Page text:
- Despite this, I can’t go so far as to conclude that mind poses some insurmountable barrier to materialism. There are two reasons. The first is, frankly, more a sociological observation than an actual argument. Science has, since the seventeenth century, proved remarkably adept at incorporating initially alien ideas (like electromagnetic fields) into its thinking. Yet most people, apparently including Nagel, find the resulting science sufficiently materialist. The unusual way in which physicists understand the weirdness of quantum mechanics might be especially instructive as a crude template for how the consciousness story could play out. Physicists describe quantum mechanics by writing equations. The fact that no one, including them, can quite intuit the meaning of these equations is often deemed beside the point. The solution is the equation. One can imagine a similar course for consciousness research: the solution is X, whether you can intuit X or not. Indeed the fact that you can’t intuit X might say more about you than it does about consciousness. . . .
- Here’s another problem. Nagel’s teleological biology is heavily human-centric or at least animal-centric. Organisms, it seems, are in the business of secreting sentience, reason, and values. Real biology looks little like this and, from the outset, must face the staggering facts of organismal diversity. There are millions of species of fungi and bacteria and nearly 300,000 species of flowering plants. None of these groups is sentient and each is spectacularly successful. Indeed mindless species outnumber we sentient ones by any sensible measure (biomass, number of individuals, or number of species; there are only about 5,500 species of mammals). More fundamentally, each of these species is every bit as much the end product of evolution as we are. The point is that, if nature has goals, it certainly seems to have many and consciousness would appear to be fairly far down on the list. . . .
- None of this is to suggest that evolutionary biology will not, someday, change radically. Of course it might; any science might. Nor is it to suggest that materialism represents some final unassailable view and that teleology or, for that matter, theism will inevitably be spoken of in the past tense by many scientists. It is to say that the way to any such alternative view will have to acknowledge the full powers of present science. I cannot conclude that Mind and Cosmos does this.
A Crique in Nation
Nation (22 October 2012 ) has a highly negative view by Michael Weisberg and Brian Leiter about Nagel's book, one that concludes,
- Nagel endorses the idea that explanation and prediction are symmetrical: “An explanation must show why it was likely that an event of that type occurred.” In other words, to explain something is to be in a position to have predicted it if we could go back in time. He also writes, “To explain consciousness, a physical evolutionary history would have to show why it was likely that organisms of the kind that have consciousness would arise.” Indeed, he goes further, claiming that “the propensity for the development of organisms with a subjective point of view must have been there from the beginning.”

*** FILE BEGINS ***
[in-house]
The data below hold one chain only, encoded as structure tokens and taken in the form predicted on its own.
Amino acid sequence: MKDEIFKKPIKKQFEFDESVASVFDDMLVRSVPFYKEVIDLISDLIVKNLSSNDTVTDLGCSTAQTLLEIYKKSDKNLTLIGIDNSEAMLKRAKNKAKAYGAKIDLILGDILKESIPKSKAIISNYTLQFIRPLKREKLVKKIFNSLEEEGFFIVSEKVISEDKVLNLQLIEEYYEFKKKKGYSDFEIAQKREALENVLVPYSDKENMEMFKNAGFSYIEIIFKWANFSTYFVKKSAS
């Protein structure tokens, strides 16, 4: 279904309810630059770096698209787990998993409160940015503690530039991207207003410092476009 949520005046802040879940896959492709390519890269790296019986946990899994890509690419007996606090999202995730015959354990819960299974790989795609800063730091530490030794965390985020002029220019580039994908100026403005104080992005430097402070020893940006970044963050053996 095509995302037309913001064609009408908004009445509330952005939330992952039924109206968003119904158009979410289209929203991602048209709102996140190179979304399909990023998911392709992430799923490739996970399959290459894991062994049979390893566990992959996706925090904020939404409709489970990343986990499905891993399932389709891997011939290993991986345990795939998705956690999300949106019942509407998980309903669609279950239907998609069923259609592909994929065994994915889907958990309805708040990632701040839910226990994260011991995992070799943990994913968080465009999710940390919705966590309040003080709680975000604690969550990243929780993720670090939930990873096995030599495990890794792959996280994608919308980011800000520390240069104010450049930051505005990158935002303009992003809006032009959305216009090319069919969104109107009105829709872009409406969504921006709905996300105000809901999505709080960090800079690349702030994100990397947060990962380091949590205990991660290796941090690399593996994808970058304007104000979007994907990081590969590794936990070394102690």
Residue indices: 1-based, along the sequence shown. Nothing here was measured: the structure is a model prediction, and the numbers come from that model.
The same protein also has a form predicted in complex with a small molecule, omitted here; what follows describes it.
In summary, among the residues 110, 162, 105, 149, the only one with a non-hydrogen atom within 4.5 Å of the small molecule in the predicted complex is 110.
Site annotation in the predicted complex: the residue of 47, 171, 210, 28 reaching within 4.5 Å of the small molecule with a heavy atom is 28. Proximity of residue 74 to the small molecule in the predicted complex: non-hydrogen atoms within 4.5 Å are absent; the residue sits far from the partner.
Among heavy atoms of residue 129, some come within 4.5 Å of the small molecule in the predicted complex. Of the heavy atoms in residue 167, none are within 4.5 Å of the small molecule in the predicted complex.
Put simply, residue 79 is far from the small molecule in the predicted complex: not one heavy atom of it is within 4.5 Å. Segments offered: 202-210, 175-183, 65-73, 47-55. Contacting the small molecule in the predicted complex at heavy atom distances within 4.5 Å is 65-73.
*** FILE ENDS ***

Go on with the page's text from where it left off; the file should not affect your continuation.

- This idea, however, is inconsistent with the most plausible views about prediction and explanation, in both philosophy and science. Philosophers of science have long argued that explanation and prediction cannot be fully symmetrical, given the importance of probabilities in explaining natural phenomena. Moreover, we are often in a position to understand the causes of an event, but without knowing enough detail to have predicted it. For example, approximately 1 percent of children born to women over 40 have Down syndrome. This fact is a perfectly adequate explanation of why a particular child has Down syndrome, but it does not mean we could have predicted that this particular child would develop it. Causes alone are frequently deemed sufficient to explain events; knowing enough to predict those events in advance is an important scientific achievement, but not essential to explanation.
- Nagel doesn’t think so, and because of that, he advocates the reintroduction of teleological reasoning into science. (Teleology—the idea that natural phenomena have built-in purposes or ends—was central to Aristotelian science, and it remained very influential until the scientific revolution.) In his discussion of the origin of life, Nagel says that natural teleology would mean that, “in addition to physical law of the familiar kind, there are other laws of nature that are ‘biased toward the marvelous.’”
- This is an astonishing though certainly evocative phrase (Nagel adapts it from another writer), yet Nagel offers no further explication of it. He does admit that this proposal “flies in the teeth of the authoritative form of explanation that has defined science since the revolution of the seventeenth century.” Unfortunately, he is also extremely unclear about what he means by “natural teleology,” other than assuring the reader that it is neither part of standard physical laws nor the introduction of theology. One might think that “principles of self-organization or of the development of complexity over time,” which Nagel gives as examples of natural teleology, are the sort of things studied by mainstream protein chemists, developmental biologists and condensed-matter physicists. But apparently these sciences, which study how complex order can be built up from simple physical processes, are not on the right track. Nagel never explains why.